SP3: Formation and composition of soil microaggregates as explored by their elemental and isotopic label composition
We elucidate processes and mechanisms for the formation of soil microaggregates by analyzing the microspatial elemental/isotopic composition and the three-dimensional association of organic and mineral soil components at submicron resolution. We specifically focus on the analytical power of NanoSIMS (secondary ion mass spectrometry) to co-localize the sequestration of organic matter and minerals and quantify how it influences the heterogeneous soil microarchitecture. These spatially explicit data is supplemented by bulk scale measurements, such as 13C-NMR spectroscopy to characterize the chemical composition of organic matter. The data enables us to identify and quantify the contribution of distinct parts of the particle surfaces for the functions of soils for binding organic carbon, their water storage and transport function, and as habitats for microorganisms. The identified mechanistic relationships form an integral part of the quantitative model developed in the research unit.
Preparatory work using cutting-edge methods for the evaluation of microaggregates
In a previous study, it was possible to follow the fate of added organic matter at the microscale using isotopic labeling under the NanoSIMS. Vogel et al. (2014) observed a preferential retention of new organic matter at already existing organo-mineral-associated organic matter coatings.
Tracing organic matter associated with mineral surfaces (left) and new organic matter produced during incubation of a soil with labelled plant litter (right) as revealed by NanoSIMS. (from Vogel et al., Nature Comm., 2014)
Advancing the spatial analysis of microaggregates
We systematically enhanced the spatial analysis of intact aggregate architectures based on NanoSIMS. To quantify the spatial arrangement of soil minerals and organic matter coatings at the microscale of isolated intact microaggregates or fine particles we developed novel methods using supervised and unsupervised classification algorithms. We segmented the data into projected mineral surface and organic coatings through a multichannel machine learning segmentation (Schweizer et al., 2018). With this approach it is possible to determine the degree of organic matter coverage, its connectivity, and the CN:C ratio of individual organic coatings of individual isolated microaggregate particles.
Differentiation of mineral surfaces and N-rich and N-poor organic matter (OM) coatings of microaggregates (data from Schweizer et al., Glob. Change Biol., 2018).
Coverage and composition of mineral-associated organic matter over time
We found a development in successive spatial patterns of patchy-distributed organic matter coatings in small microaggregates over time from 15 to >700 years (Schweizer et al., 2018). Organic matter accrual governed the formation of soil structures in the proglacial environment of the Damma glacier: Over time after glacial retreat, we observed increased organic matter coverages at mineral surfaces and a development of organic coatings from patches to connected soil structures.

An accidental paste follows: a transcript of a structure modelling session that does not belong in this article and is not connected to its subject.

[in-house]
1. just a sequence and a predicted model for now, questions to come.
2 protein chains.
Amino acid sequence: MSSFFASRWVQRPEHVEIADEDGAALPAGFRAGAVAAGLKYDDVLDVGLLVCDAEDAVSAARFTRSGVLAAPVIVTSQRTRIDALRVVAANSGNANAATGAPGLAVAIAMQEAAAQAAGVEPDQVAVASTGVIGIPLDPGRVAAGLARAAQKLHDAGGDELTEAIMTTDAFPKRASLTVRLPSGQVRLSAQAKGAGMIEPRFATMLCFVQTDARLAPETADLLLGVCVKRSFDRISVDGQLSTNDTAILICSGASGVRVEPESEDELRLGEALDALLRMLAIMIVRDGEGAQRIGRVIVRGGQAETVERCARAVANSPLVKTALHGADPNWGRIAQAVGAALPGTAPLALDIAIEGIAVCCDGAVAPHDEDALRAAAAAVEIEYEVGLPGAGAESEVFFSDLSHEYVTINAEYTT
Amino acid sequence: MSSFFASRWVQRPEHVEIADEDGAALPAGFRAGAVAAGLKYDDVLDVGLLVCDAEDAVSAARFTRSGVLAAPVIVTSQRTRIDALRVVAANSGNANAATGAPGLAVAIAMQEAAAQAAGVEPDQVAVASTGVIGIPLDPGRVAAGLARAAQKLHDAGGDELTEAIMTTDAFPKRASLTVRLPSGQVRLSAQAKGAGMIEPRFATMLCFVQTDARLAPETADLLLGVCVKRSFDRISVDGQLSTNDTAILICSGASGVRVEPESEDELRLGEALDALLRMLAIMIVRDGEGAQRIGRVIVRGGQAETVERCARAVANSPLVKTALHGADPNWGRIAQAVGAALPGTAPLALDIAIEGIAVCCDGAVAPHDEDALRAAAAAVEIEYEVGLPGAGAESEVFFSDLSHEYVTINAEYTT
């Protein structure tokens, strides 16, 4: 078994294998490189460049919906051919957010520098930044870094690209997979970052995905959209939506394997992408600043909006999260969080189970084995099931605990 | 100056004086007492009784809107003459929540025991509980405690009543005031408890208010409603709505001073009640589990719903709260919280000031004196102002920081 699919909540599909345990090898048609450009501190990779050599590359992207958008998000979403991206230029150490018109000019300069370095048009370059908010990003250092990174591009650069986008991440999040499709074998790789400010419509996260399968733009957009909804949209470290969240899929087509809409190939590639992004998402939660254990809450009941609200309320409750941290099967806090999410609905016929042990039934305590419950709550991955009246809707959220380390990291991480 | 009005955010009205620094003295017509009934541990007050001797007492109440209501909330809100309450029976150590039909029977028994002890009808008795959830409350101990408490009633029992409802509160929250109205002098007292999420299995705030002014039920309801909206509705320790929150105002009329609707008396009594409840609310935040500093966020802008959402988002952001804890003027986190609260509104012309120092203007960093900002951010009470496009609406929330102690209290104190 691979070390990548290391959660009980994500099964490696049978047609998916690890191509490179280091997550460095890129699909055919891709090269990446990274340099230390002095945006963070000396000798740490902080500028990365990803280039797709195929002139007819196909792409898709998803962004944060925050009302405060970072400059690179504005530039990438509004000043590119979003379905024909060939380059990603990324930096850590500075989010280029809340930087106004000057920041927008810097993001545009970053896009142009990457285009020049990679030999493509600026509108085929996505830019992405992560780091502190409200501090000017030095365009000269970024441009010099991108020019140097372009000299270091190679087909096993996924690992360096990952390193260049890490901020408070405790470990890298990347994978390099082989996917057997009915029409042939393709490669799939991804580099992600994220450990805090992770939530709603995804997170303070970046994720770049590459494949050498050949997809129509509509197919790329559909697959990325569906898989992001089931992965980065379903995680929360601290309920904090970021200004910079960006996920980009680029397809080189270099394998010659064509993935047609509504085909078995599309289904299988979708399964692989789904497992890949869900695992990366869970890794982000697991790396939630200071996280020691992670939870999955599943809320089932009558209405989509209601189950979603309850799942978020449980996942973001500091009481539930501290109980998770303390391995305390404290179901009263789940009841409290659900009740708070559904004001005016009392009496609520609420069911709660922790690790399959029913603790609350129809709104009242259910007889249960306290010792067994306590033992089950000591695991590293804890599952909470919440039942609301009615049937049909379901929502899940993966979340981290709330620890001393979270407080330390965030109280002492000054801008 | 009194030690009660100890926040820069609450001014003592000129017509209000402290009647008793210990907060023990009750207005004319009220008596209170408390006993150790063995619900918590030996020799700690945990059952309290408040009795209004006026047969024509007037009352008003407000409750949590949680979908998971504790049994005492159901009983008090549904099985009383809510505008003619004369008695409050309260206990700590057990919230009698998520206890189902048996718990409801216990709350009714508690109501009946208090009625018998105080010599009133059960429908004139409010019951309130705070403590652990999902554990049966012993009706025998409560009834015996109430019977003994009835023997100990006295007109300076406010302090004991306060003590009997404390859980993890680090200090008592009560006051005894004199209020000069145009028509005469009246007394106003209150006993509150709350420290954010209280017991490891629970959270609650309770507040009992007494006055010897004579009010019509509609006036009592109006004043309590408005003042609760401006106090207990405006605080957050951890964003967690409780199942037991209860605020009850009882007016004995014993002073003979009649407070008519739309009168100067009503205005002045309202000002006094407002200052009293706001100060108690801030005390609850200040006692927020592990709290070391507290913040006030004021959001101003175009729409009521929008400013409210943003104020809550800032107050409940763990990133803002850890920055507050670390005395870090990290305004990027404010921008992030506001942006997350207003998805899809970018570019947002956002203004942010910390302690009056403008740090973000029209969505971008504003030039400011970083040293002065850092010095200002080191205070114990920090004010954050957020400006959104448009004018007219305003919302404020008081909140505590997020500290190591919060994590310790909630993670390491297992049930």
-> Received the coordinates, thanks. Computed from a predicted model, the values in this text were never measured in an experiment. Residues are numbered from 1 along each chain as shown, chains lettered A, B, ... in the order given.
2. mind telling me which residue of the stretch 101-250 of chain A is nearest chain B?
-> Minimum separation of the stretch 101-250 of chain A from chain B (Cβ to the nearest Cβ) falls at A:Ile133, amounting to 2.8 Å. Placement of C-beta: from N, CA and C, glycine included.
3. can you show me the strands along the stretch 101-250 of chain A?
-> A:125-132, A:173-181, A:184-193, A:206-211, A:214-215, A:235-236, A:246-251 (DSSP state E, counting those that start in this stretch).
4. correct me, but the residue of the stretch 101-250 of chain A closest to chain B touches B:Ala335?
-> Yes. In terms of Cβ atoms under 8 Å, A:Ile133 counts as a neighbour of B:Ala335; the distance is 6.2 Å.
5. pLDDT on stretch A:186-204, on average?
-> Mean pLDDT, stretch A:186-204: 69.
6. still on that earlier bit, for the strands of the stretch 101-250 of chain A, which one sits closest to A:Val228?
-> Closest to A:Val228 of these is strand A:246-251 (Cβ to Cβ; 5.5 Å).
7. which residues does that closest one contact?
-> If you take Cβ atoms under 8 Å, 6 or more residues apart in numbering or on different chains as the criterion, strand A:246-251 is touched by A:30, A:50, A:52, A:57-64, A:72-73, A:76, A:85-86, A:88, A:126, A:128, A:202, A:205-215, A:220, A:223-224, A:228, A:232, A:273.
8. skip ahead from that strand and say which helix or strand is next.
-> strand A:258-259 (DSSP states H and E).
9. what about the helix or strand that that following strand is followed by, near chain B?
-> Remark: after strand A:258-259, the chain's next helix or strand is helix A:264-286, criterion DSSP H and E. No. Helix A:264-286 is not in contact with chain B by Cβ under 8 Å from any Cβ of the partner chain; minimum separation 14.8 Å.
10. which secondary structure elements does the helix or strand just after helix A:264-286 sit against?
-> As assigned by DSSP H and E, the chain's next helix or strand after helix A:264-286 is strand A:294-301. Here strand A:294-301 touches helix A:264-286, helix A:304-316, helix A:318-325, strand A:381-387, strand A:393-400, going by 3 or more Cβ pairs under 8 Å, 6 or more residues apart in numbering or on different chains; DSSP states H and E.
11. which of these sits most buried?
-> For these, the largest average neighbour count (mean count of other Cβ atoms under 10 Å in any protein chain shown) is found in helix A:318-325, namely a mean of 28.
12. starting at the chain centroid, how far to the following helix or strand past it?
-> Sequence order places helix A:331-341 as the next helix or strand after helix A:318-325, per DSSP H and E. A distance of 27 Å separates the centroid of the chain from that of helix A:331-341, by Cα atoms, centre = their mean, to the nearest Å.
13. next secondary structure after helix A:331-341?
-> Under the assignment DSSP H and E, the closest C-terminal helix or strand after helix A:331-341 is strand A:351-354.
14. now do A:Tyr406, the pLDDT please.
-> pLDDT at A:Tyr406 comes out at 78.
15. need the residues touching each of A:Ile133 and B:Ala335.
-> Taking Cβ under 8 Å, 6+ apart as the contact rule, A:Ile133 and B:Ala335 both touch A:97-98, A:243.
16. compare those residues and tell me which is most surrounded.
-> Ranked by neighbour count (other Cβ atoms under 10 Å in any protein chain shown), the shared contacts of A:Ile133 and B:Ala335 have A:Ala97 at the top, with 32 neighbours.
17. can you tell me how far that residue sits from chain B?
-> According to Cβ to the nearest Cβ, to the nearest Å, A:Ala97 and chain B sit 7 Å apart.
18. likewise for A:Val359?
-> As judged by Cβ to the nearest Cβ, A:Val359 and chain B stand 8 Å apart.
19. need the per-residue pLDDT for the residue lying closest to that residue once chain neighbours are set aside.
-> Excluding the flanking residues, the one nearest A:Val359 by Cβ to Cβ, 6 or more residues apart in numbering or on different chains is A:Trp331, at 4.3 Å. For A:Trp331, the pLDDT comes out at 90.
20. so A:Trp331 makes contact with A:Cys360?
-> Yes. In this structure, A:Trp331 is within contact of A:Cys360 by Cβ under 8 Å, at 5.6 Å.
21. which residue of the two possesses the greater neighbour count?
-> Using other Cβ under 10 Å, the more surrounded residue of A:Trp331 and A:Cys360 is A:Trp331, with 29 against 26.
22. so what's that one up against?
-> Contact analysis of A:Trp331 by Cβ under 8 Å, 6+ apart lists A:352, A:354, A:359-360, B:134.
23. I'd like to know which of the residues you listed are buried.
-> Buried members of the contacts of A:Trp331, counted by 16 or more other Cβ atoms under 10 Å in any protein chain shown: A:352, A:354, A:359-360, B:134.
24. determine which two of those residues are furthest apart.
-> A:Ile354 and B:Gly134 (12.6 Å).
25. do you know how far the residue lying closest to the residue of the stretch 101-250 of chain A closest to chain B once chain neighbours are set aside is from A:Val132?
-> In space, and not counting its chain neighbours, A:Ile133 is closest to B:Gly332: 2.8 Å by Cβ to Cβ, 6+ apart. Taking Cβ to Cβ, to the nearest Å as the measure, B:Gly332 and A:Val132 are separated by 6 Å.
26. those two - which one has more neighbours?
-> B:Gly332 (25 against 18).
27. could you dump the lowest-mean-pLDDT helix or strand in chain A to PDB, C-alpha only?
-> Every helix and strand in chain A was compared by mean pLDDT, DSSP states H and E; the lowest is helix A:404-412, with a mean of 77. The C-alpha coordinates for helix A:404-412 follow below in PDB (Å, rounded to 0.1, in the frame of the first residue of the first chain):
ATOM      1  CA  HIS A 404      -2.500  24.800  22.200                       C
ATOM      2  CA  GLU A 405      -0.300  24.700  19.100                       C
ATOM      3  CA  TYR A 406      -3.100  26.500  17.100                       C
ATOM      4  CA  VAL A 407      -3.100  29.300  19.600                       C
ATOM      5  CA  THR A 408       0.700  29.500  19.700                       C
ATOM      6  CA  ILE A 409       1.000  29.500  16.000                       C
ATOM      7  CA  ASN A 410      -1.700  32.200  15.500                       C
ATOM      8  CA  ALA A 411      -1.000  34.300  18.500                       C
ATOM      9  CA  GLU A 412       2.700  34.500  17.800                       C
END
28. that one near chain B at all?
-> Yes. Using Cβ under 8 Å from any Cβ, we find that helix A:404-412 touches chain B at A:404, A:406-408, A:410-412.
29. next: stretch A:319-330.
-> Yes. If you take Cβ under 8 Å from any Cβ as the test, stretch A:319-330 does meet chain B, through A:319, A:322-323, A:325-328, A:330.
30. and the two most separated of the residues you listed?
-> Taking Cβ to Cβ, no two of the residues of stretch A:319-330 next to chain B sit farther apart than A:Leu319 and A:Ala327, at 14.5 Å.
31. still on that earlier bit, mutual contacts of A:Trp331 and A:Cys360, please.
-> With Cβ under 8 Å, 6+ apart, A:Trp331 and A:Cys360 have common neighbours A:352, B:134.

The formation of microaggregates did not lead to a complete masking of the mineral surfaces by organic matter. Instead, the organic matter sequestration in soils was decoupled from mineral surfaces sustaining their functionality with respect to their mineral surface properties, e.g. as sites for ion exchange.
How soil organic matter accrual governs the initial formation of microaggregates in an area where climate change lead to the pronounced retreat of glaciers (from Schweizer et al., Glob. Change Biol., 2018).
Linking microaggregate structure with soil functions
We analyzed an intact, resin-embedded aggregate from Scheyern (Germany) using NanoSIMS measurements in a supervised classification approach adapted from remote sensing (Steffens et al. 2017). This allowed identifying microdomains that represent two different, recurring microaggregate building units: One microdomain is mineral grains glued together by thin layers of clay minerals whereas the other microdomain is OM surrounded by clay minerals resembling organic nuclei for microaggregate formation. All domains are characterized by a definite arrangement of mineral and various organic components leading to a specific pore system and fulfilling different functions in soil.
An intact soil aggregate from a topsoil (21 % clay) was clustered in two microdomains using 40 spatially independent measurements derived from NanoSIMS. Our results unraveled the arrangement of surfaces with specific functionalities for soil organic carbon storage in these micrometer-sized domains. (from Steffens et al., Environ. Sci. Technol., 2017)
We currently evaluate further data to better understand governing mechanisms for the formation of soil microaggregates. We focus on the microspatial arrangement of organic matter patches in soils with a large clay content gradient, intact structures from the common multi-stable-isotope labeling microcosm experiment of the research unit, and analyses that link aggregate composition with their organic matter concentrations and compositions.